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Kokua Line

By June Watanabe

Wednesday, October 17, 2001


Certain flights booked
up by Japanese wholesalers

Question: I have been trying since August to purchase three tickets on Japan Airlines for my daughter and two grandchildren to travel from Kansai to Honolulu for Christmas and New Year's. I was told by my first travel agent that no seats were available and that they would be wait-listed. They said they would contact me when the seats were confirmed. I never heard back, so I went to another agency, where I was told the same thing. Finally, I called JAL itself and was told the airline was booked solid. I don't understand this. I keep hearing about cancellations and how there aren't enough people flying. What's going on?

Answer: You shouldn't have problems getting confirmed reservations -- eventually.

During certain periods of the year -- "Golden Week" in late April/early May, the month of August, just before the Honolulu Marathon and during end-of-the-year holidays -- Japanese wholesalers "book by the thousands," blocking off flights in anticipation of selling them, explained Gilbert Kimura, JAL's regional sales manager. "Every year, it's the same thing."

Even this year. But since Sept. 11, those in the travel industry are crossing their fingers that the bookings won't drop too drastically.

Meanwhile, independent travelers who want to fly at those times are told to book through their travel agents, where they will be wait-listed. But "it's not that (flights) are closed," Kimura said.

As it gets closer to the booking dates, wholesalers will get an idea of how many people may actually travel and begin releasing seats. Right now, figures are running about 50 percent of last year.

"As soon as (the flights) open up, and I'm sure this year they will open up," you will receive confirmation as soon as possible, Kimura said.

He says to not give up. "We really want the business and Hawaii needs the business," he said.

Q: A small package that I mailed "priority mail" at the airport post office on Sept. 24 took over two weeks to deliver. It usually only takes about three days. Was this an isolated incident or is there a general backlog or unusual problem affecting Hawaii's outgoing mail?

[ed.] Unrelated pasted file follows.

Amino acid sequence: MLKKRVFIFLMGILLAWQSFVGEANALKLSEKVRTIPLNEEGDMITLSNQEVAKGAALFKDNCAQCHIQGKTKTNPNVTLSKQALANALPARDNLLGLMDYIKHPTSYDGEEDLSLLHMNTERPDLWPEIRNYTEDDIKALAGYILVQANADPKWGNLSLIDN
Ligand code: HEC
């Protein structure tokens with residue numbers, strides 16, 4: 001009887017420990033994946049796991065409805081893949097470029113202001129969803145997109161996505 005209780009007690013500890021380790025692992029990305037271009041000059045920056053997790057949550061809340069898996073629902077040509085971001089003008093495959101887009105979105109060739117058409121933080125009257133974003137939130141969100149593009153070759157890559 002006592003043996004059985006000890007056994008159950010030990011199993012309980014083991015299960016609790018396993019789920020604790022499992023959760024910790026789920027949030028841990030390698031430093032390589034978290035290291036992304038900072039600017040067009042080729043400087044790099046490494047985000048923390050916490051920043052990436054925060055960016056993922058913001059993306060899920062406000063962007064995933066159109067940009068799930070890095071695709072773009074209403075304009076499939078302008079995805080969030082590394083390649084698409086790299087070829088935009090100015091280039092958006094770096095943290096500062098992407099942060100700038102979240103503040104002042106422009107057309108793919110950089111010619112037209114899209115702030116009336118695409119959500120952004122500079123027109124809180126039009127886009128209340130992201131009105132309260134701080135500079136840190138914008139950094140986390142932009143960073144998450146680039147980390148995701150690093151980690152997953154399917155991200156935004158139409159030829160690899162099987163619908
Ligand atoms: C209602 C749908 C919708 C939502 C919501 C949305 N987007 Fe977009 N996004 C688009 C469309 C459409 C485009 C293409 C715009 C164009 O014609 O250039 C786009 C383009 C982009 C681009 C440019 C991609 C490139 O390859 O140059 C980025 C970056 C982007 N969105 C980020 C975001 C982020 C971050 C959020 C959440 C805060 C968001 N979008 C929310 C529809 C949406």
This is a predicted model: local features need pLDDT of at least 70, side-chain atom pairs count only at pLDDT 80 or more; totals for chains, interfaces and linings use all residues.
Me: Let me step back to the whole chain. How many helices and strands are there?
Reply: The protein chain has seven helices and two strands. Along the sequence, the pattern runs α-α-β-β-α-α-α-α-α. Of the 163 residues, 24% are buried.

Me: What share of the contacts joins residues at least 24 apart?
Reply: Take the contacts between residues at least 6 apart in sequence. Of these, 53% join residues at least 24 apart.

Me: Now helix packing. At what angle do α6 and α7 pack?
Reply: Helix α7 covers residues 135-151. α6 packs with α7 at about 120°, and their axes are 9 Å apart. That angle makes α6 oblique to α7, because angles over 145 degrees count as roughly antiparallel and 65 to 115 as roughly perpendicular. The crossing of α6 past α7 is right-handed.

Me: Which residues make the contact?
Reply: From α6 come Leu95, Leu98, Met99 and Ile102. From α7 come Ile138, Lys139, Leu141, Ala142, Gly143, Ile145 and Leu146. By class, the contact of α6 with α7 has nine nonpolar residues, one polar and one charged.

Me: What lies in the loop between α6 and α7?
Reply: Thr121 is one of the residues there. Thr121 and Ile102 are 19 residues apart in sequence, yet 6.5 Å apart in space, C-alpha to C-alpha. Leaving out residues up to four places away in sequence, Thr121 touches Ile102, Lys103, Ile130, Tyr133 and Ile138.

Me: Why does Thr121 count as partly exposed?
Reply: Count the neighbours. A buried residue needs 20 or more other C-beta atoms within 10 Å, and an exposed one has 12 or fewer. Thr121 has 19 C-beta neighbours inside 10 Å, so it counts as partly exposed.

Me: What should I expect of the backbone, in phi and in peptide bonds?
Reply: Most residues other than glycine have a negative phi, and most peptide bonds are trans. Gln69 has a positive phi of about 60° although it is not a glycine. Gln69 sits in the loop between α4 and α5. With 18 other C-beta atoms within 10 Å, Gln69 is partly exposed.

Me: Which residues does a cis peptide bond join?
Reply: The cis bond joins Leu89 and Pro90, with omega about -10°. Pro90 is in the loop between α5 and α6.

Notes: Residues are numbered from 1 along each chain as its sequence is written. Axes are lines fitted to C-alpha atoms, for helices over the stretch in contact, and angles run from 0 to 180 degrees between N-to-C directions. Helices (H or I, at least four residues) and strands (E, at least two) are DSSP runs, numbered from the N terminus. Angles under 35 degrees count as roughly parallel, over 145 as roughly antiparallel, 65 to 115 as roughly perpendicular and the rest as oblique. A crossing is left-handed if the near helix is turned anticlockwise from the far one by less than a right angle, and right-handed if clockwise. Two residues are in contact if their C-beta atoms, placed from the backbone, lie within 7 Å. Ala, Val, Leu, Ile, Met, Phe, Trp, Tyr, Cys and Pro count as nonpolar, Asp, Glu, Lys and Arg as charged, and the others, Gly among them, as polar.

A: Two weeks is not the norm, even during this period of continued disruption in mail service, according to U.S. Postal Service spokeswoman Felice Broglio.

Where it used to take three days for a priority mail delivery, since Sept. 11, it still is taking three to five days, she said. She could not speculate what happened in your case, but said "two weeks is much too long."

It helped that last Thursday, the Federal Aviation Administration eased restrictions for express mail, registered mail, international mail and live shipments. Those deliveries can once again be carried on passenger flights, Broglio said.

The bad news is that the restriction still is on for priority mail, which is mail 16 ounces and heavier. That mail still must be sent on dedicated cargo flights, Broglio said. However, because priority mail is the "largest customer base," officials are working to get delivery back on track, she said.

"We realize we're not up to the delivery service customers had before Sept. 11, and we're working to give them back that service," she said.

Mahalo

To the employees of Ala Wai Texaco fuel dock, who found my wallet, with a large amount of money in it. They called me and returned the wallet with everything intact. -- Matt Buckman





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